For example, cyberbullying insults in younger teens might attack another person’s physical appearance, while in college, cyberbullying could consist of attacking someone’s personal beliefs and identity. Interestingly, name calling, which is explicitly seen to be hurtful in high school years, was dismissed by college students as a joke or taken to be a sign of childish behavior.

Another difficult area when it comes to cyberbullying in colleges, is that authorities do not know what to do about it. Whereas in middle and high school, the school might have jurisdiction to enact consequences for bullies or reach out to victims, in college such measures are not in place.

Most colleges and universities have policies about sexual assault, hazing and discrimination, all of which are on a spectrum of aggression that includes bullying, but there is little in these policies that can check cyberbullying.

Should authorities intervene?

Even students feel that college authorities should not interfere. A previous study has suggested that college students feel that school officials or law enforcement should not intervene if cyberbullying is happening.

Often the bullying party remains unknown. Even during our research, we were unaware whether the cyberbully was a friend, acquaintance, romantic partner, or an anonymous stranger. As the field of research is very young, we do not know how much that matters.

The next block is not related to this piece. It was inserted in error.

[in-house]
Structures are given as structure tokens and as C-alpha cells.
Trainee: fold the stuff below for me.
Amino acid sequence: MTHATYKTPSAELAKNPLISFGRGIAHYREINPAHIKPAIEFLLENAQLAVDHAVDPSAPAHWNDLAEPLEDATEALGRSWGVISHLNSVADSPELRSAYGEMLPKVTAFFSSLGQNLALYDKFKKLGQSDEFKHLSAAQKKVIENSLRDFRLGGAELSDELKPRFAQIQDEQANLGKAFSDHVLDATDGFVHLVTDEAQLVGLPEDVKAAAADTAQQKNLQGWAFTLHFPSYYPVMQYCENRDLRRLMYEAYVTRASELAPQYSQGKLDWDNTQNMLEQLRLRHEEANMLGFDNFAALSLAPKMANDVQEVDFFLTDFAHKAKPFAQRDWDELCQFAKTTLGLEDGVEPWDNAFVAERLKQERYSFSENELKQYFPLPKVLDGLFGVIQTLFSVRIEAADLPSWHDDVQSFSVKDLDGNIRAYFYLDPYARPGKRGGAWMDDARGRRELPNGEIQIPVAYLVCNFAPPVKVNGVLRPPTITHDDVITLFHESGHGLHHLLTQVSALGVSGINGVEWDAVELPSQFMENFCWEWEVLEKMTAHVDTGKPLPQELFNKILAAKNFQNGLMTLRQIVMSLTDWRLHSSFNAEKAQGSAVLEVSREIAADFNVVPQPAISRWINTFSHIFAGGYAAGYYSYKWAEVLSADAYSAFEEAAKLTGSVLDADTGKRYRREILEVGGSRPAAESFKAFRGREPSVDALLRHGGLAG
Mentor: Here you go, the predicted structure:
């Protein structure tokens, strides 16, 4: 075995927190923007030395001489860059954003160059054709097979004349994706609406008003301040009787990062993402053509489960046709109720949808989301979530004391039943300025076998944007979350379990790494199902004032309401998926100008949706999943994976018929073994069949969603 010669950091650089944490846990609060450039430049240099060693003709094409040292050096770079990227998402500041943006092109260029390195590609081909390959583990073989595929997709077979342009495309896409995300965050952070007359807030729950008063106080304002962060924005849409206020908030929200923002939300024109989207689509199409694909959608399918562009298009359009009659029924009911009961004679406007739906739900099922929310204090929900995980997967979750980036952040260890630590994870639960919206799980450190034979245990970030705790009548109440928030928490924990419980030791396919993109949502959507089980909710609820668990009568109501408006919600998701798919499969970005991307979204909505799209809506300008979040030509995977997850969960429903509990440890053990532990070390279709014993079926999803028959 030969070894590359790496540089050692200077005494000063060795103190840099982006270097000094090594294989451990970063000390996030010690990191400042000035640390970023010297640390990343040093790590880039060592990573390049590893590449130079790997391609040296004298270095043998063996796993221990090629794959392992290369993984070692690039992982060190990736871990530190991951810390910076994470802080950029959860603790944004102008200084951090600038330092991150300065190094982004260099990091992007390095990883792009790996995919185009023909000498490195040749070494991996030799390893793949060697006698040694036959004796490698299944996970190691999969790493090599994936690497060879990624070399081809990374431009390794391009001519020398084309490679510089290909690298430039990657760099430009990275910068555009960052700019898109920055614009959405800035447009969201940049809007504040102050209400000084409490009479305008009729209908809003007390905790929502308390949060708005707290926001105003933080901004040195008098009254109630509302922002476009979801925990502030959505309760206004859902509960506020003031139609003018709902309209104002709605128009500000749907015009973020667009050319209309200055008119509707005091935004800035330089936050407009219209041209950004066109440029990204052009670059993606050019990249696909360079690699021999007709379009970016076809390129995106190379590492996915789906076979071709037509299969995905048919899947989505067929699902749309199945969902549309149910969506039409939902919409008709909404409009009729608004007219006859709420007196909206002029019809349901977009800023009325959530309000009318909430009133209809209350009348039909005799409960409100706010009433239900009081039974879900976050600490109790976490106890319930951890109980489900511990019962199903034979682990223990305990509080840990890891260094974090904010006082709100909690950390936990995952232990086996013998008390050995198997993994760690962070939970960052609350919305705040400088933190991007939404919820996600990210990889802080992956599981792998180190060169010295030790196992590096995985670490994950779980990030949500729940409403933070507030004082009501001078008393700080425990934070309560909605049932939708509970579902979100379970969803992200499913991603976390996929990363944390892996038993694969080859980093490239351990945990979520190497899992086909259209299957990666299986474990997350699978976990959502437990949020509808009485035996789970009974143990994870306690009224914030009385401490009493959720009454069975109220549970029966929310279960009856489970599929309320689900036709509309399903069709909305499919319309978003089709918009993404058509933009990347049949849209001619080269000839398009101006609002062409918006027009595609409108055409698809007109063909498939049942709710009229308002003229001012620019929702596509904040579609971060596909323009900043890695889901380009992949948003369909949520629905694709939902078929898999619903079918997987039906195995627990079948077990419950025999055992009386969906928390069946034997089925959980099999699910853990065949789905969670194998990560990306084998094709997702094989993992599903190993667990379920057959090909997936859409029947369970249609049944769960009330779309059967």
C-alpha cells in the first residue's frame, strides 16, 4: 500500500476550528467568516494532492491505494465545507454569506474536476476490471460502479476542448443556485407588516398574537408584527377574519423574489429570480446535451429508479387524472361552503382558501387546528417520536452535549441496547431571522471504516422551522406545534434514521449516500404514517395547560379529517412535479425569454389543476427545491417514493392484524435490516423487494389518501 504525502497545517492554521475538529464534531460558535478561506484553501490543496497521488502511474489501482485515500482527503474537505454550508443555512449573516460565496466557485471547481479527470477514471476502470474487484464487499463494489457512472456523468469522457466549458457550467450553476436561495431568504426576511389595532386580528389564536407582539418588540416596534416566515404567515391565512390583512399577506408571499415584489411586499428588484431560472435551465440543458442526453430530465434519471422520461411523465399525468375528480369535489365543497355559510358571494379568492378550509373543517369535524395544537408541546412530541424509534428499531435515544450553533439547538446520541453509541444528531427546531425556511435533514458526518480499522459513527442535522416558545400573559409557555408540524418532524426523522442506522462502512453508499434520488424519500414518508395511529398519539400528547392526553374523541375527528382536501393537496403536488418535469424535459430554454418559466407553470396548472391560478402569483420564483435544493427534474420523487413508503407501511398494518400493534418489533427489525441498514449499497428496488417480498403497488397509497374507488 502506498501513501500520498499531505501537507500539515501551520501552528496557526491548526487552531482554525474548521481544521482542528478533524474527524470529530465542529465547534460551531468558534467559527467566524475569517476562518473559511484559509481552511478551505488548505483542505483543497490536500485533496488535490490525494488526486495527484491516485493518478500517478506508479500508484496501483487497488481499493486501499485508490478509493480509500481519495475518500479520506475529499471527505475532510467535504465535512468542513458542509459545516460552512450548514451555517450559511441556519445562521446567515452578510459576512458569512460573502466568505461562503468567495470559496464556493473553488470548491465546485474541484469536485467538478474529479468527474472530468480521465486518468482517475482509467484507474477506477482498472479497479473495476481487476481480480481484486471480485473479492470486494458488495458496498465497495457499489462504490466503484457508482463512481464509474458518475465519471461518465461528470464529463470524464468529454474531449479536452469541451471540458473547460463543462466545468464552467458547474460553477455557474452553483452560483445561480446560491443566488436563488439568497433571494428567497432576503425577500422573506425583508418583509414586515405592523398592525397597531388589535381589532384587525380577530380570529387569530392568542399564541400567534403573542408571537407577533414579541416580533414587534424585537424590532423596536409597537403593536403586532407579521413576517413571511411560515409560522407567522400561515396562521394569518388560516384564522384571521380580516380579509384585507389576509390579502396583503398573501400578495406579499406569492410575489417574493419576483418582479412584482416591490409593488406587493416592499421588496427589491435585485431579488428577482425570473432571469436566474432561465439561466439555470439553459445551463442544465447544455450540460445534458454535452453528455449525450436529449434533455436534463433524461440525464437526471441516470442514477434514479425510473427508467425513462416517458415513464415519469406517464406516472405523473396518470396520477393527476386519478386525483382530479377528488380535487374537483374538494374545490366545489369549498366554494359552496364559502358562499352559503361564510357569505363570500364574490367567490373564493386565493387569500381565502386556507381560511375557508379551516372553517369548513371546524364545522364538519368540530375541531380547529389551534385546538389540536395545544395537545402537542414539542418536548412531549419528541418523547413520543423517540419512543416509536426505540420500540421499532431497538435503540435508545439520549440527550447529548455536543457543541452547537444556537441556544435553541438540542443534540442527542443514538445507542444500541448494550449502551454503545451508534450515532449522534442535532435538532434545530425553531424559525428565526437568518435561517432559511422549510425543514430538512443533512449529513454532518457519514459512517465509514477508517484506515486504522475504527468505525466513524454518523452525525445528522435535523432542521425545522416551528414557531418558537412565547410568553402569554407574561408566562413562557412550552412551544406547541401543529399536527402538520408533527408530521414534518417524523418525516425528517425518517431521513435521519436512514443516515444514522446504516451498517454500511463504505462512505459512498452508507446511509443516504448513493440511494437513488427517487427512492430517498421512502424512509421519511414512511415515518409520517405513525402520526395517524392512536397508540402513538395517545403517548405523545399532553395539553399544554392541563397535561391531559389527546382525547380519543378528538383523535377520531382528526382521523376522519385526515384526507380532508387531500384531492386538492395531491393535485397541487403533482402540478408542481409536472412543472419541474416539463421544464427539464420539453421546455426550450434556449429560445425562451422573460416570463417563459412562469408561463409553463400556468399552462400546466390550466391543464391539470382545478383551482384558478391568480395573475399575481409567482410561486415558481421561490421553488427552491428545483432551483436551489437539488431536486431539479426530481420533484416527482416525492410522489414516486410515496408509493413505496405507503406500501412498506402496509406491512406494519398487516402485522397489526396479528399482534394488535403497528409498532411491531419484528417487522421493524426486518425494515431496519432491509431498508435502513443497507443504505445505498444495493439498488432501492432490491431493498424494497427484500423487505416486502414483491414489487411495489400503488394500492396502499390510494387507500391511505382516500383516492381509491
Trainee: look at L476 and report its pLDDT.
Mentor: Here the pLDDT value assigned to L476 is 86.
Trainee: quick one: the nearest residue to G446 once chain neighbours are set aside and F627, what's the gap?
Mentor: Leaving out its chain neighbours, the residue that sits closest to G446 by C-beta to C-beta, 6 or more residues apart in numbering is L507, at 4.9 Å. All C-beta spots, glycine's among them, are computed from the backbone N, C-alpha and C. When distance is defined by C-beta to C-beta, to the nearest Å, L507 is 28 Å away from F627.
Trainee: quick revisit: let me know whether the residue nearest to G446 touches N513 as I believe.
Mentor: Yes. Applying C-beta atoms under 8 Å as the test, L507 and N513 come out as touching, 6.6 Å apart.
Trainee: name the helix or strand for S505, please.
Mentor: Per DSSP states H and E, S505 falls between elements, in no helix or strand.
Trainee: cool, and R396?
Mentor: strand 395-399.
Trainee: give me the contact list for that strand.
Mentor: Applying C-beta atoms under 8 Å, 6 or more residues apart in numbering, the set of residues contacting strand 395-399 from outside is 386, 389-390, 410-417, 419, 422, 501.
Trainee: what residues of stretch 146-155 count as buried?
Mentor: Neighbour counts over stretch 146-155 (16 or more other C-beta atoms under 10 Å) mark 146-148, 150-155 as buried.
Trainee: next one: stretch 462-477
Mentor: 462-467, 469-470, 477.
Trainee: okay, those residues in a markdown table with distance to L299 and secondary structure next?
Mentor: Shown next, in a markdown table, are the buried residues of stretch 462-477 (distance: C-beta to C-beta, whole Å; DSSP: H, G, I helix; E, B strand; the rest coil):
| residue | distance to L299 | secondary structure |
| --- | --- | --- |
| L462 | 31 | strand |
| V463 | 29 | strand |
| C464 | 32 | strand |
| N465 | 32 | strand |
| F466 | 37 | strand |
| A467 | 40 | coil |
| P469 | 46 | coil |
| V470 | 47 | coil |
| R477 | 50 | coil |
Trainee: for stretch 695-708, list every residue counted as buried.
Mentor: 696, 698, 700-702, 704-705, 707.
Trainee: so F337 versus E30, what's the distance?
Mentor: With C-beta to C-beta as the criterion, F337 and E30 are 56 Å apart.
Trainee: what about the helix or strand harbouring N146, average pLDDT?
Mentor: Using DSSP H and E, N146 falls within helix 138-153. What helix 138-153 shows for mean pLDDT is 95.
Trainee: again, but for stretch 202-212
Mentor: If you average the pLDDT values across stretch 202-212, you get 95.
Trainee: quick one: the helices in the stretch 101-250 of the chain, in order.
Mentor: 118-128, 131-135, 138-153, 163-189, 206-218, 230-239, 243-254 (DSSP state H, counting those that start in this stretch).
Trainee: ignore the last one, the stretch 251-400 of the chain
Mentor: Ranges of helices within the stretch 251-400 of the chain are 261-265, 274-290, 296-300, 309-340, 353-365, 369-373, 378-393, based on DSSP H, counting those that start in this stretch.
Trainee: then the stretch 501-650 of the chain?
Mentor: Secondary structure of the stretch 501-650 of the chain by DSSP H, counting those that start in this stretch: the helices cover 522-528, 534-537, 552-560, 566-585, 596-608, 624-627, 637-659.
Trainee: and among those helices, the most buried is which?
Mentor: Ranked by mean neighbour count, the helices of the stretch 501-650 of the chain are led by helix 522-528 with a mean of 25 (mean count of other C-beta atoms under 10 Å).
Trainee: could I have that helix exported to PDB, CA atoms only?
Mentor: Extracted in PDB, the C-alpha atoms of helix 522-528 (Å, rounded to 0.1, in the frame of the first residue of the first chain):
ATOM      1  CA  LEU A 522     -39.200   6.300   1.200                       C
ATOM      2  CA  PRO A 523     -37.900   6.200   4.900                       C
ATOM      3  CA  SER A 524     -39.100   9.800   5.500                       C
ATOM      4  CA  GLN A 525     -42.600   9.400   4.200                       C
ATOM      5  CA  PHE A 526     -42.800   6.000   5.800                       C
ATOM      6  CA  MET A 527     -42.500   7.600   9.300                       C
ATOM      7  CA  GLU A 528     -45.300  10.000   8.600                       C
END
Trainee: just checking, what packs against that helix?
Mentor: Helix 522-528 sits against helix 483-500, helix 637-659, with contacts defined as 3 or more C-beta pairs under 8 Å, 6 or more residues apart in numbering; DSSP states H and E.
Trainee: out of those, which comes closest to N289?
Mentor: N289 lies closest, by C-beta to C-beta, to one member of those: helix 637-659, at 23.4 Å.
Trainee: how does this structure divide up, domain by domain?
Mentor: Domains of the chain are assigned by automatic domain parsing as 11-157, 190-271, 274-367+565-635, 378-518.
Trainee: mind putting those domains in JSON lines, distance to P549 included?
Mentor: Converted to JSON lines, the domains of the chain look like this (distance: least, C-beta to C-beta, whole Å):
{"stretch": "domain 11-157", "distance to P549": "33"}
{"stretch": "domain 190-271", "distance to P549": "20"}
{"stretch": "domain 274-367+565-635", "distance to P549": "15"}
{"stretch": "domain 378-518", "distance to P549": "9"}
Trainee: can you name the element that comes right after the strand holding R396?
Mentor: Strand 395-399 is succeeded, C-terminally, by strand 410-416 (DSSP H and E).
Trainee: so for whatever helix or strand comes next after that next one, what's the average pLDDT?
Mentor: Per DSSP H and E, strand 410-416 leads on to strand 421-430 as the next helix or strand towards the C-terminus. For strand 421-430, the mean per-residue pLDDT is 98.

In terms of addressing this problem, authorities are faced with complex issues. Policies addressing social media and other electronic behaviours in student codes of conduct are, as it is, slim, and cyberbullying in particular is unlikely to be addressed.

Furthermore, campuses rightly value freedom of speech, which could offer protection to online bullies.

It is important then for students to learn early on about their digital footprint and the impact that negative posts can have on their future relationships and employment.  Colleges too can work toward creating a climate of respect online and in-person, as well as offer support to those suffering from the negative impact of cyberbullying.

Finally, if students see cyberbullying, they should voice their concerns over it, instead of remaining silent. As a researcher, I believe that building a supportive community will enable a healthy dialogue on the issue.

This article was originally published on The Conversation.


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“My body instantly craves chai and samosa”

German expats talk about adapting to India, and the surprising similarities between the two cultures.